This differs from my first impression of ‘cultural accumulation’ in that:

  1. physical artifacts are central to the process: a lot of the accumulation is happening inside them, rather than in memetic space.
  2. humanity is not accumulating all of the ideas it has come up with so far, even the important ones. It is accumulating something more like a best set of instructions for the current situation, and throwing a lot out as it goes.

Is this is how things are, or is my first impression more true?

Cultural accumulation

Crossposted from world spirit sock puppet.

When I think of humans being so smart due to ‘cultural accumulation’, I think of lots of tiny innovations in thought and technology being made by different people, and added to the interpersonal currents of culture that wash into each person’s brain, leaving a twenty year old in 2020 much better intellectually equipped than a 90 year old who spent their whole life thinking in 1200 AD.

This morning I was chatting to my boyfriend about whether a person who went back in time (let’s say a thousand years) would be able to gather more social power than they can now in their own time. Some folk we know were discussing the claim that some humans would have a shot at literally take over the world if sent back in time, and we found this implausible.

The most obvious differences between a 2020 person and a 1200 AD person, in 1200 AD, is that they have experience with incredible technological advances that the 1200 AD native doesn’t even know are possible. But a notable thing about a modern person is that they famously don’t know what a bicycle looks like, so the level of technology they might be able to actually rebuild on short notice in 1200 AD is probably not at the level of a nutcracker, and they probably already had those in 1200 AD.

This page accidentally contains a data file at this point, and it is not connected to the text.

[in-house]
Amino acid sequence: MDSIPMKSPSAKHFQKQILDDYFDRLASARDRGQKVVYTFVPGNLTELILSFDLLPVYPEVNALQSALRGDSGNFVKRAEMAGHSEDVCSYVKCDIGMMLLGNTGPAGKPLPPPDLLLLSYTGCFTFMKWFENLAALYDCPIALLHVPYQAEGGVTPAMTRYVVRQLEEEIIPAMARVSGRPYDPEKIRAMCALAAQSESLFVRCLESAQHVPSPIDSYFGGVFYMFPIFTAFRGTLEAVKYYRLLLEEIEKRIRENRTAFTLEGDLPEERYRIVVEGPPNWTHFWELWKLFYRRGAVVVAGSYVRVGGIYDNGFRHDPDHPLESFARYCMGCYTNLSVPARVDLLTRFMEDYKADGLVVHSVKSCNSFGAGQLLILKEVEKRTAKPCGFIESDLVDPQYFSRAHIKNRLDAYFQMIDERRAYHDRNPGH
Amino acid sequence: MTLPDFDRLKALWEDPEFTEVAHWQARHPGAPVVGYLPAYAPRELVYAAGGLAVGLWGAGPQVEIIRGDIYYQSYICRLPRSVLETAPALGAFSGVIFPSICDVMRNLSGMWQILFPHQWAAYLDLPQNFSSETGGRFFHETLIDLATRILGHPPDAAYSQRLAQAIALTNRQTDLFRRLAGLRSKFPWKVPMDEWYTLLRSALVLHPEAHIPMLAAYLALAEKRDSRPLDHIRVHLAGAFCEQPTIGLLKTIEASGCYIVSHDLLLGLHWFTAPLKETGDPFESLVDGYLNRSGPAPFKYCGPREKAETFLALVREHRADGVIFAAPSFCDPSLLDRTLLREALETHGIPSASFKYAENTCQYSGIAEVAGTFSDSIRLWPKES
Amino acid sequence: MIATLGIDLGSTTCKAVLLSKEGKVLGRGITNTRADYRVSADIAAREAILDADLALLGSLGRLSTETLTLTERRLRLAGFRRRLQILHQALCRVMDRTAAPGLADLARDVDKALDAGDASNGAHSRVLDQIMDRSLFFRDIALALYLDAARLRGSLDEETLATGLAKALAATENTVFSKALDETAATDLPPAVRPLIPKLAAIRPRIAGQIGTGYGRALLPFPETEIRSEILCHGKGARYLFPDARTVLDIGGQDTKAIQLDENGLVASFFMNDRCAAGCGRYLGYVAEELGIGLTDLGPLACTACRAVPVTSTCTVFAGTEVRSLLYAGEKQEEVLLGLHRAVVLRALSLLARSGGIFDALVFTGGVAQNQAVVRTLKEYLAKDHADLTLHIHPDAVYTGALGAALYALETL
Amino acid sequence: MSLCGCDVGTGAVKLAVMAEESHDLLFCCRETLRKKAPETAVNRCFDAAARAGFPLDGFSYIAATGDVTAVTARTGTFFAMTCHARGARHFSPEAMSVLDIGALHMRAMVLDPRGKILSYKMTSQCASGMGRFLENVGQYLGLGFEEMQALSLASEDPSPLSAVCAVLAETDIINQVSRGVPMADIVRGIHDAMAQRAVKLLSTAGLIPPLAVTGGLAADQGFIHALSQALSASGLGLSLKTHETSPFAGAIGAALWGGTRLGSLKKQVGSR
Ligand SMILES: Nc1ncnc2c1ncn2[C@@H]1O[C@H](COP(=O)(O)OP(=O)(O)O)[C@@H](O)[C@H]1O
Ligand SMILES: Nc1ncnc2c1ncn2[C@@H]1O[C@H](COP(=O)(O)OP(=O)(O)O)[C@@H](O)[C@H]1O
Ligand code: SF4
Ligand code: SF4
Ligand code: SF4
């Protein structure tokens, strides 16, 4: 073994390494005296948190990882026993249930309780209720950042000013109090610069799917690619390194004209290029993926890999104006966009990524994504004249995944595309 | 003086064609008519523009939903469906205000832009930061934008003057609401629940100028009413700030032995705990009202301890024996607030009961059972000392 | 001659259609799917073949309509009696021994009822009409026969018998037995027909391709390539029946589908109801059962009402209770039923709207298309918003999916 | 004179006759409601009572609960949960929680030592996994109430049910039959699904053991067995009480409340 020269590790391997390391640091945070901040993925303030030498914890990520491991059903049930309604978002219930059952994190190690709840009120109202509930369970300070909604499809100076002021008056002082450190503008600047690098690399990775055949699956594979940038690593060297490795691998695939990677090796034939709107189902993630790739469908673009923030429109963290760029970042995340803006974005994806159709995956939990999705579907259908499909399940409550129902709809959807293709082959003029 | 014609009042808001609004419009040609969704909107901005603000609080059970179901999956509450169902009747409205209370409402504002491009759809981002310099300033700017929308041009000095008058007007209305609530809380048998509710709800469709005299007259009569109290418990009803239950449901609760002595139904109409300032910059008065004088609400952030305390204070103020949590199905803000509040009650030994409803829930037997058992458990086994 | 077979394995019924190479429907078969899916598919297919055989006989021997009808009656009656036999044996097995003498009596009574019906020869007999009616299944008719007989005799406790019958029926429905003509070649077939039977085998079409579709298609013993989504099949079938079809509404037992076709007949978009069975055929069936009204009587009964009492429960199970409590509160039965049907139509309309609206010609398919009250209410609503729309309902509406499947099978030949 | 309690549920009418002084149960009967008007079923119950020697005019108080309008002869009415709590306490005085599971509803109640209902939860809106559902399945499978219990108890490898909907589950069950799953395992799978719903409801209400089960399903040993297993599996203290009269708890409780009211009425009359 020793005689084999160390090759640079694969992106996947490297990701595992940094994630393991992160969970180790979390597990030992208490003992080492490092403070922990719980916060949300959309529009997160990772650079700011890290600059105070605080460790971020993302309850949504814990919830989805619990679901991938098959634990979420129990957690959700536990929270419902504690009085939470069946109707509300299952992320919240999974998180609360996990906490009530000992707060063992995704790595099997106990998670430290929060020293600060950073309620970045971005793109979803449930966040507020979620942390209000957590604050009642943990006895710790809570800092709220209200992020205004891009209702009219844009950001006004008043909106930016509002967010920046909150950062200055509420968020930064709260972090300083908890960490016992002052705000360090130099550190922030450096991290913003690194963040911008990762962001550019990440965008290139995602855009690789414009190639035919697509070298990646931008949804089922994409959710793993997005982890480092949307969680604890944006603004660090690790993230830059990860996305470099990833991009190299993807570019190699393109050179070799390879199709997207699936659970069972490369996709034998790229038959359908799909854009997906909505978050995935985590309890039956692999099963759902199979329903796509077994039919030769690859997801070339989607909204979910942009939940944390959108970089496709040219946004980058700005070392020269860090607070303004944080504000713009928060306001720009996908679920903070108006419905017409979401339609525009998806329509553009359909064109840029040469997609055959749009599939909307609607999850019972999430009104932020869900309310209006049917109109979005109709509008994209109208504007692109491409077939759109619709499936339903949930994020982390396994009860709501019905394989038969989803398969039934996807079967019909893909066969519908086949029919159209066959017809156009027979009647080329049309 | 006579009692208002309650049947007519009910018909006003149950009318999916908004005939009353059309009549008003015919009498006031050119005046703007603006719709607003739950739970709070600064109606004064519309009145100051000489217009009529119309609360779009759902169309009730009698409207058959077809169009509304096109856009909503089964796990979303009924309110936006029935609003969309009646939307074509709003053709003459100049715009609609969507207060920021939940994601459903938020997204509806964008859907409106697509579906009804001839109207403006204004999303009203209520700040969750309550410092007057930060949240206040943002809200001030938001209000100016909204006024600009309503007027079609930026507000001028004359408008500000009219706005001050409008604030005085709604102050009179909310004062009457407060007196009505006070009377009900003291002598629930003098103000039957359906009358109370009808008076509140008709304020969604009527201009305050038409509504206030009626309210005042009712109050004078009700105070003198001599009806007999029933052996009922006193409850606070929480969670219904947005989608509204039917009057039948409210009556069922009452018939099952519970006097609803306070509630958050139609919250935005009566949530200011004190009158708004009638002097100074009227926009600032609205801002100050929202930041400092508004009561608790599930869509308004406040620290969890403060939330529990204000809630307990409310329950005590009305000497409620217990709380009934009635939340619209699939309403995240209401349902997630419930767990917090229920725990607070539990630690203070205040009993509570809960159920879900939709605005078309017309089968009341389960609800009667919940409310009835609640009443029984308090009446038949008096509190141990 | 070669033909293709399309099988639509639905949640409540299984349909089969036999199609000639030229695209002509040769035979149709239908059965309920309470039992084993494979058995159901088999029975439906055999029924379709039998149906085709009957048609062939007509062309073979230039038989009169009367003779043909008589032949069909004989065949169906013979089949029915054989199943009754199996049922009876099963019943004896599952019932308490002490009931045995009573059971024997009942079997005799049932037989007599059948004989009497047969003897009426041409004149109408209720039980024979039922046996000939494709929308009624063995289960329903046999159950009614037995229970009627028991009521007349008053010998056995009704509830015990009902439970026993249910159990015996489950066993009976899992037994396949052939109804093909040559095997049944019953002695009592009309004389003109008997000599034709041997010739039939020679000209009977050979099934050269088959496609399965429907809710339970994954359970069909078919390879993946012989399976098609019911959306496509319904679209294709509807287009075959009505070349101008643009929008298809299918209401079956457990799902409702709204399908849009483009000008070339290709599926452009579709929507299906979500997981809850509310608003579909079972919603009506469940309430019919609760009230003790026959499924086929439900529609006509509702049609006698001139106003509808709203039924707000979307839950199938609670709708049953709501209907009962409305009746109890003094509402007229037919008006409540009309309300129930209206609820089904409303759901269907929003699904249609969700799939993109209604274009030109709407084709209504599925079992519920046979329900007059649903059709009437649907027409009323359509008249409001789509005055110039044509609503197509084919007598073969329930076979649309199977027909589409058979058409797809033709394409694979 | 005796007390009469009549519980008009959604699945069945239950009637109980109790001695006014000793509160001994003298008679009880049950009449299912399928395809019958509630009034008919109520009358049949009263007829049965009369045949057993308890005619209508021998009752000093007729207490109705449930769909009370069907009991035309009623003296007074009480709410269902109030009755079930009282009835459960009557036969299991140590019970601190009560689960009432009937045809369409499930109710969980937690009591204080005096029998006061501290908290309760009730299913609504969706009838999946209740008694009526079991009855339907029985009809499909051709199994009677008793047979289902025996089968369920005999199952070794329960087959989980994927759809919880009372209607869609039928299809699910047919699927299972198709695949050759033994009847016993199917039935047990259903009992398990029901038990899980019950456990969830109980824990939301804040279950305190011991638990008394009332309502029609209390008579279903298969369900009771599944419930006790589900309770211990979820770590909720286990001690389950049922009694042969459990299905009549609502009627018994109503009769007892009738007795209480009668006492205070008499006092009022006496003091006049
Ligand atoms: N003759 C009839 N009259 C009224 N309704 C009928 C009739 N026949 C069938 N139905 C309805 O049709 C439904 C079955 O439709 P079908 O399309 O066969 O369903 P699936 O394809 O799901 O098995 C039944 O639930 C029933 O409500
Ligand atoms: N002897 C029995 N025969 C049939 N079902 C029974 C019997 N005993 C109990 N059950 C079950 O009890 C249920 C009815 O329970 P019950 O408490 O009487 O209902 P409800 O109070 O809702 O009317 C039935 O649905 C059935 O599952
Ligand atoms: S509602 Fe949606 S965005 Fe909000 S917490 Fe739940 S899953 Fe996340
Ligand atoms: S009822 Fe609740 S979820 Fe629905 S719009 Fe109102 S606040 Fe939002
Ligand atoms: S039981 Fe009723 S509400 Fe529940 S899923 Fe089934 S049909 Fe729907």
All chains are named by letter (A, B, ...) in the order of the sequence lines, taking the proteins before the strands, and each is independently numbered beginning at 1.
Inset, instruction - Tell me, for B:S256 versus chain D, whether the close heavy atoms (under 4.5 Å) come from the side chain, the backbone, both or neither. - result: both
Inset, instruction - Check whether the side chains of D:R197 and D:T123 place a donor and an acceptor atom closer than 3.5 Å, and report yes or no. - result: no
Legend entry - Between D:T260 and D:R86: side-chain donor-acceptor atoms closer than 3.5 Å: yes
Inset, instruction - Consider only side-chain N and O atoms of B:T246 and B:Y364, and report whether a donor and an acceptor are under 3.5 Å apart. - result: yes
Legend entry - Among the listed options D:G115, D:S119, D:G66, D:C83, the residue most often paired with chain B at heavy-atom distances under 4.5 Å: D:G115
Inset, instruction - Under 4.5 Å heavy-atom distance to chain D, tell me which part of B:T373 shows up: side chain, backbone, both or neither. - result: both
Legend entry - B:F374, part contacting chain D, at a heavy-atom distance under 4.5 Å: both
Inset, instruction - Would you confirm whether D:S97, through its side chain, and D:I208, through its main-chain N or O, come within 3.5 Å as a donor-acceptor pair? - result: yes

How does 2020 have complicated technology, if most people don’t know how it works? One big part is specialization: across the world, quite a few people do know what bicycles look like. And more to the point, presumably some of them know in great detail what bicycle chains look like, and what they are made of, and what happens if you make them out of slightly different materials or in slightly different shapes, and how such things interact with the functioning of the bicycle.

But suppose the 2020 person who is sent back is a bicycle expert, and regularly builds their own at home. Can they introduce bikes to the world 600 years early? My tentative guess is yes, but not very ridable ones, because they don’t have machines for making bike parts, or any idea what those machines are like or the principles behind them. They can probably demonstrate the idea of a bike with wood and cast iron and leather, supposing others are cooperative with various iron casting, wood shaping, leather-making know-how. But can they make a bike that is worth paying for and riding?